Incurable blood cancer changes Oakville man’s life; he joins Mississauga march for cure
Given just five years to live after an incurable blood cancer diagnosis, an Oakville man’s life changed forever.
But now, nearly 15 years later, he is walking for a cure in the Mississauga Multiple Myeloma March.
In late 2008, Oakville resident and retired entrepreneur Gerry Perrott started to feel unwell and was grappling with dizziness while on a trip in New York City.
At first, Perrott didn’t think it was anything too serious and wasn’t too concerned. But as his symptoms persisted throughout the winter months, he made an appointment with his doctor in April 2009.
Suspecting he may have multiple myeloma, a type of cancer that forms in the white blood cells, the doctor immediately referred him to an oncologist and Perrott, then 63 years old, underwent a series of specialized tests.
Shortly after, Perrott’s worst fear came true: his myeloma diagnosis was confirmed.
“I was stunned; I had absolutely no idea what multiple myeloma was,” Perrott said in a press release for the Mississauga walk. “From that moment, I understood that the trajectory of my life would never be the same. I recognized the need to embrace a new way of living.”
Like many people, he had never heard of it, despite it being the second most common form of blood cancer.
Although it is not well known, 11 Canadians are diagnosed with multiple myeloma every day, according to Myeloma Canada.
Myeloma is associated with the uncontrolled growth of a type of white blood cell – the plasma cell. Plasma cells are made in the bone marrow – the spongy tissue found inside bones – and are an important component of the body’s immune system because they produce antibodies.
By the time Perrott was diagnosed, the myeloma had already progressed significantly.
“The cancer was eating away at my bones; I actually had a large hole in my femur,” he said.
He was also told he had an uncommon and aggressive variant of myeloma– T414. The prognosis shared with him was devastating; he likely had just five years to live.
Perrott immediately began a treatment regimen involving radiation and chemotherapy to help control the disease.
Then, in December 2009, he got hopeful news — he qualified for a one-year clinical trial – tailored to patients with the T414 mutation.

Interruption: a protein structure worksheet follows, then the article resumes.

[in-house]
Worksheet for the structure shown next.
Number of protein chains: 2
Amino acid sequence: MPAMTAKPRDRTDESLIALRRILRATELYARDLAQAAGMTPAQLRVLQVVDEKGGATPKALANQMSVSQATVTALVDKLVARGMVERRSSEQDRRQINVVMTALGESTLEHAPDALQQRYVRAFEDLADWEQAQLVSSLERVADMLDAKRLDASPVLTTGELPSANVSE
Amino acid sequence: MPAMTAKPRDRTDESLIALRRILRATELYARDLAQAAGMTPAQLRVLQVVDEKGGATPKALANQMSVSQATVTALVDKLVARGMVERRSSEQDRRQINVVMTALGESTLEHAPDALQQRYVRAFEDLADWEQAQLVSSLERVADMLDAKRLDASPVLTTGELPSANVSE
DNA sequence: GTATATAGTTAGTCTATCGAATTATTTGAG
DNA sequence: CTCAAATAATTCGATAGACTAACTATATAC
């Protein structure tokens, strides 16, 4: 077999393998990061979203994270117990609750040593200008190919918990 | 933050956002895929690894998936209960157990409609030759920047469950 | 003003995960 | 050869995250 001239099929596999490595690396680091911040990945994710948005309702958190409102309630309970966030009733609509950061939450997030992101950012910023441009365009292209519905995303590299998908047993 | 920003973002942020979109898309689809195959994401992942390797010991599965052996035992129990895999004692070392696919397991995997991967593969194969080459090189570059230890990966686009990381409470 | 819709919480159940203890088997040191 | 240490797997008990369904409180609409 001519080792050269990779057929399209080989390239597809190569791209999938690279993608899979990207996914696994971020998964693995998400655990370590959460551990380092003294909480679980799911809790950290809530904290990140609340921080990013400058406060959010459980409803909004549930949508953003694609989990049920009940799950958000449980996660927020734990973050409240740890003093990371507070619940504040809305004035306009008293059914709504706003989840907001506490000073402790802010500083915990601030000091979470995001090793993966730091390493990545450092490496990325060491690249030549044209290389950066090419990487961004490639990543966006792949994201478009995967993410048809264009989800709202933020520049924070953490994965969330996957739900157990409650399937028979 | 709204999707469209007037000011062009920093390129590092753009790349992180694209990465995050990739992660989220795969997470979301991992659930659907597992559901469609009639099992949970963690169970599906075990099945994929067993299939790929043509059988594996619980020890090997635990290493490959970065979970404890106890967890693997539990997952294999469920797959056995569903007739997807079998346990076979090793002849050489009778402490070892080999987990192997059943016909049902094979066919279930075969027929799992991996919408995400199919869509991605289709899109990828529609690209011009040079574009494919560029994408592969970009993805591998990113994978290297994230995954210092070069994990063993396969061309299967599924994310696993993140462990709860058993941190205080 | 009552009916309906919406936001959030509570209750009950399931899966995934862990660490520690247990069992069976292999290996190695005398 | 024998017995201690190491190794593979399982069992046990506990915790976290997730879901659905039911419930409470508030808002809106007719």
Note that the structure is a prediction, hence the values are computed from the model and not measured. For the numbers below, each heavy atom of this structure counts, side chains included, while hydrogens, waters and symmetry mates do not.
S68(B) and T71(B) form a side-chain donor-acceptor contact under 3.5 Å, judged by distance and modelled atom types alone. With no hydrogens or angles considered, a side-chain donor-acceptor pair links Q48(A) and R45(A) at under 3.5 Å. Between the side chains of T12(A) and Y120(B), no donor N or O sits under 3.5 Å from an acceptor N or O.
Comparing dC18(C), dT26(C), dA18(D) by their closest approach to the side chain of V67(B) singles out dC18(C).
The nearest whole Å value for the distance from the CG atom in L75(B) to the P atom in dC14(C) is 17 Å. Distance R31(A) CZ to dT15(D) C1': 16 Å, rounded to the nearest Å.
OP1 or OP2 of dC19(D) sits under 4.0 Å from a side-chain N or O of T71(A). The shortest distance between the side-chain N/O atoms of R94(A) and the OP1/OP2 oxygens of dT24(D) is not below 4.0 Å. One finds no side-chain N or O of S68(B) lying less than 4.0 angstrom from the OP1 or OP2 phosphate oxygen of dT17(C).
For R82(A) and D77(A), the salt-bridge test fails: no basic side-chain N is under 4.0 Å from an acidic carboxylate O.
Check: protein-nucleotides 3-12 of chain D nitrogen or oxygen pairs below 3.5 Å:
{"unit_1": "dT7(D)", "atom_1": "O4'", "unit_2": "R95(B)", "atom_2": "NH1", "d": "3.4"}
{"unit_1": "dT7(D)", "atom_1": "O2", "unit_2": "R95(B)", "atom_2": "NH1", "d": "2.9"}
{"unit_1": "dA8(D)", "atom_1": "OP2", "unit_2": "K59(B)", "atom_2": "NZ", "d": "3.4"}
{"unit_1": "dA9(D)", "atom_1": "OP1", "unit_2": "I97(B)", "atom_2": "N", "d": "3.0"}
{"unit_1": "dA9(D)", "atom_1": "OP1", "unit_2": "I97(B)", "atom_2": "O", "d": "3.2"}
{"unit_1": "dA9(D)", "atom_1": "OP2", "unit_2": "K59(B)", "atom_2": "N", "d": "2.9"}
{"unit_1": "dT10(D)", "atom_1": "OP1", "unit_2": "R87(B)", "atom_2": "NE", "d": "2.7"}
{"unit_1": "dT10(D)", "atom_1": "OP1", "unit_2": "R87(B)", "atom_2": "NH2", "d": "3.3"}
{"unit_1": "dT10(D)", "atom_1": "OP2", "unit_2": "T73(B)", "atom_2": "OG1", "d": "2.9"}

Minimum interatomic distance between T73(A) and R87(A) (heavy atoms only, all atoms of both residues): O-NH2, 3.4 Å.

And as luck would have it, his body responded extremely well to the treatment; he was finally in remission.
But sadly, three years later in the spring of 2013, Perrott relapsed. Doctors recommended a stem cell transplant, a potentially life-prolonging procedure that is often effective in controlling myeloma.
In September 2013, he underwent the procedure, and a few months later, he learned it was a success. Since then, Perrott has been in remission, and he is currently responding well to a maintenance therapy.
Perrott credits his good fortune to, not only for the life-saving drug therapies he was fortunate to have access to, but also to the love and support of his wife of 52 years, Bernice, their two daughters, and three granddaughters.
He has eased into a comfortable routine that has given him a sense of normalcy and hope.
“I am so blessed to have such a supportive family and group of friends,” Perrott said. “I could not survive the treatments and daily challenges without them.”
Perrott and his wife have poured their energy into helping other patients and families living with myeloma by co-leading the Halton-Peel Myeloma support group.
Today, nearly 15 years since his diagnosis, Perrott has far exceeded his doctor’s expectations, and is continuing his fight against myeloma.
“When I was first diagnosed, I was given five years to live. Thanks to incredible advances in research, I’m living longer than I was supposed to,” he said.
Eager to give back to the community and do their part in finding a cure for myeloma, Gerry and Bernice Perrott, along with family and friends, will join the Mississauga Multiple Myeloma March.
“We’re quite literally marching for our lives,” said Perrott. “The fear of the unknown can really play games with your mind, but I take it one day at a time and maintain a positive attitude.”
Receiving a life-threatening diagnosis, at any age, really puts things into perspective. I’m just grateful to be alive and do the things I love, like travelling and spending time outdoors with family.”
Funds raised through the Multiple Myeloma March are invested in curing and preventing myeloma through Canadian research, accelerating equitable access to the best healthcare and treatments, and improving lives by empowering and supporting all Canadians impacted by myeloma.
The Mississauga Myeloma March is on Sept. 23 at 9 a.m., at Meadowvale Community Centre, 6655 Glen Erin Dr.
To donate or for more information on how to join see the Mississauga Multiple Myeloma March webpage.insauga's Editorial Standards and Policies advertising